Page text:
Thursday, June 22, 2017

A BJ farewell to Larry Froelich

Former BJ reporter Jim Ricci, a Los Angeles Times retiree, crossed the country to attend Larry Froelich’s memorial June 20 in Lexington, Kentucky, where Larry lived with wife Suzanne Dolezal Froelich.

Larry Froelich
Another former Steubenville resident and BJ reporter, Charles Montague, also was there, but from much-closer Akron.

Montague wrote:

“I asked him why he had made such a long and expensive journey to attend memorial and he said, ‘Hey, this is Fro’

“That sums up why I went, too, and really says it all about Larry.

“Another Akron guy from past who was there was Steve Ferrer, who did PR for Goodrich -- I think; wasn't taking notes. (Hope I am spelling his last name right.) He said Fro was best labor reporter he ever encountered.”

Jim Ricci
Unfortunately, Paula Tucker and I were cruising down the river – the Illinois River out of Peoria – and couldn’t make it to Larry’s memorial.

Except in spirit.

Larry passed away June 5 in the Akron area.

Froelich grew up in Dover, Ohio and is an Ohio University graduate.

In 1970, he was part of the Beacon Journal team that won a Pulitzer Prize for coverage of the Kent State massacre, in which Ohio National Guardsmen shot and killed four unarmed students and wounded nine others, including some who were not part of the protest as bullets were sprayed everywhere.

Larry is survived by his wife, Suzanne; three children, Mark (Christa) Froelich, Britta (Marc) Spanke, and Eric (Stephanie) Froelich; and five grandchildren, Jack, Halle, Lindsay, Clare and Robert. 

He will be buried later in Dover.

Thursday, June 15, 2017

Thrity reading of her novel June 20 in Hudson

Although former BJ reporter Thrity Umrigar is doing readings of her latest novel, “Everybody’s Son,” around the nation, the closest reading in the Akron area will be at 7 p.m. Tuesday, June 20 in the Hudson Public Library.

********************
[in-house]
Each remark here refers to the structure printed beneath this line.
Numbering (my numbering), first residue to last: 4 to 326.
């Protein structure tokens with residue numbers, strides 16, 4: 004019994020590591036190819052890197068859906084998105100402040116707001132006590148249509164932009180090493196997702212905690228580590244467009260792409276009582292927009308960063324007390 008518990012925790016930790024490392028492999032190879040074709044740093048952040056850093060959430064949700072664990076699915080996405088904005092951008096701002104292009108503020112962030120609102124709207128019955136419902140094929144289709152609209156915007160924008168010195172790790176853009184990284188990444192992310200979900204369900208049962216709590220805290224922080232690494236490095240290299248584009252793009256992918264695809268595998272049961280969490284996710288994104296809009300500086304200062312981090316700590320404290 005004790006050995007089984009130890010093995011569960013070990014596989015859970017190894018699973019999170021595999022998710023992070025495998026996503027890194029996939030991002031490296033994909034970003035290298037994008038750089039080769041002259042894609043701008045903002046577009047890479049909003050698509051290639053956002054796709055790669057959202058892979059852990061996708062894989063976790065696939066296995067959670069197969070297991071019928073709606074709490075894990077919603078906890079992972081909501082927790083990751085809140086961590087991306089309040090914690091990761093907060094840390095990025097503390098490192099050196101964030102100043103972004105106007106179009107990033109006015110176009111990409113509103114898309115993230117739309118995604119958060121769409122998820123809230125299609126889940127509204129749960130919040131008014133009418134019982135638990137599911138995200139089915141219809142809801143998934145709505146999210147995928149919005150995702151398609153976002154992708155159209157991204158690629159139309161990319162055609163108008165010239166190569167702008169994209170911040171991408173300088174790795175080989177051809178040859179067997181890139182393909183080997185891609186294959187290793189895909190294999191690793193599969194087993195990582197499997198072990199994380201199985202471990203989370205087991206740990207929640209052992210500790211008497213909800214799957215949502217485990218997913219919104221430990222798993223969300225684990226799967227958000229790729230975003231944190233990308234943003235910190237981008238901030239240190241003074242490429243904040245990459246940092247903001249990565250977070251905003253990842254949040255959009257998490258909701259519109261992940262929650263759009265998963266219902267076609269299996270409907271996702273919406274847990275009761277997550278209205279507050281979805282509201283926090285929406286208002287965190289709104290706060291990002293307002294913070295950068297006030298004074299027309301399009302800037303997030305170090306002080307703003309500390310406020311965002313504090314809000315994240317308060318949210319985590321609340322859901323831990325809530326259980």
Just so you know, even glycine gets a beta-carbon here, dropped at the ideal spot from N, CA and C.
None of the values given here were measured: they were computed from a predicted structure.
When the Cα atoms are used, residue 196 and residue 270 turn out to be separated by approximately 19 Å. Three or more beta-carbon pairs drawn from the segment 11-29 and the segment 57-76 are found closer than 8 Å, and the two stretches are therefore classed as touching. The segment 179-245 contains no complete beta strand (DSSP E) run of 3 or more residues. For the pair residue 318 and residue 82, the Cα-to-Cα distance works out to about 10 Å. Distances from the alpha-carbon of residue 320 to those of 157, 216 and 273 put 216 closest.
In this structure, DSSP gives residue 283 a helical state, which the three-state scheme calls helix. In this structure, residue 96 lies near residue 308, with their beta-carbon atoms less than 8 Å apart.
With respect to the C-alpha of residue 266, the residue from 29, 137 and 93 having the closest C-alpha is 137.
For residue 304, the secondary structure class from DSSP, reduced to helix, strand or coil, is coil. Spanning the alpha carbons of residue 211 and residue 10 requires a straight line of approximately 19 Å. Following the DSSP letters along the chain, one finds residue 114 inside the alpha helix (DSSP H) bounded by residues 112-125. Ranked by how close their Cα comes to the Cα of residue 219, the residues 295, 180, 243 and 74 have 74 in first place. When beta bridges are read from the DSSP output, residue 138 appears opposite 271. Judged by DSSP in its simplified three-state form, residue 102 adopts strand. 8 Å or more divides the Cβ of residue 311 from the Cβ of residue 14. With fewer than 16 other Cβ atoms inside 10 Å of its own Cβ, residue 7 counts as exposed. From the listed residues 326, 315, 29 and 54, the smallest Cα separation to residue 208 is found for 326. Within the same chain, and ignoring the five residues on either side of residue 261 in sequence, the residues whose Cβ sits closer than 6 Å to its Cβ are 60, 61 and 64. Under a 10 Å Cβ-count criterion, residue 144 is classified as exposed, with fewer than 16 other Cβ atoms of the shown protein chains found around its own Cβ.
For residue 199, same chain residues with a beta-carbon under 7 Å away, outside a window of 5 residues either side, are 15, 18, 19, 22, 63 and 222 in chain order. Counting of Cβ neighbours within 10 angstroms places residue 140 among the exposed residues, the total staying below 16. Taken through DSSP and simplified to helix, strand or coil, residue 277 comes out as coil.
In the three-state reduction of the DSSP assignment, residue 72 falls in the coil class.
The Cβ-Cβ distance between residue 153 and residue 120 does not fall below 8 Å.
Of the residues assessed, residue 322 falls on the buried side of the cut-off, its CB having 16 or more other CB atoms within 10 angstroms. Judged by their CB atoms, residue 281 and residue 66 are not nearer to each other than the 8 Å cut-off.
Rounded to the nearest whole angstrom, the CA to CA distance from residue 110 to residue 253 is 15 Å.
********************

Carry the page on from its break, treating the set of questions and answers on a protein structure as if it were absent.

Thrity writes: “It would be nice to see some of my old peeps.”

Thrity began her reporting career with the Lorain Journal. Two years later, in 1987, she came to the BJ.

Thrity has been teaching creative writing at Case Western Reserve University in Cleveland since 2002.

Wednesday, June 14, 2017


Time slashing 300 jobs

Time, Inc., which publishes Time, Sports Illustrated and Fortune, is eliminating 300 jobs.

This on the heels of a Meredith Corp. offer to buy time in April failed because the price was too low and activist hedge fund Jana Partners sold its substantial stake in Time, Inc.

Magazines, like newspapers, are losing circulation and advertisers to the Internet.

Tuesday, June 13, 2017

Larry Froelich obituary

Former BJ reporter Larry Froelich’s widow, Suzanne Dolezal Froelich, provided his obituary. They lived in Lexington, Kentucky.

Larry Froelich
Larry’s first wife was former BJ reporter Janis Froelich, who lives in Tierra Verde, Florida (near St. Petersburg) with her husband, St. Petersburg photographer Ray Bassett.

Larry fell and passed away June 4 in Ohio. His memorial service will be June 20 in Lexington.

Larry’s obituary: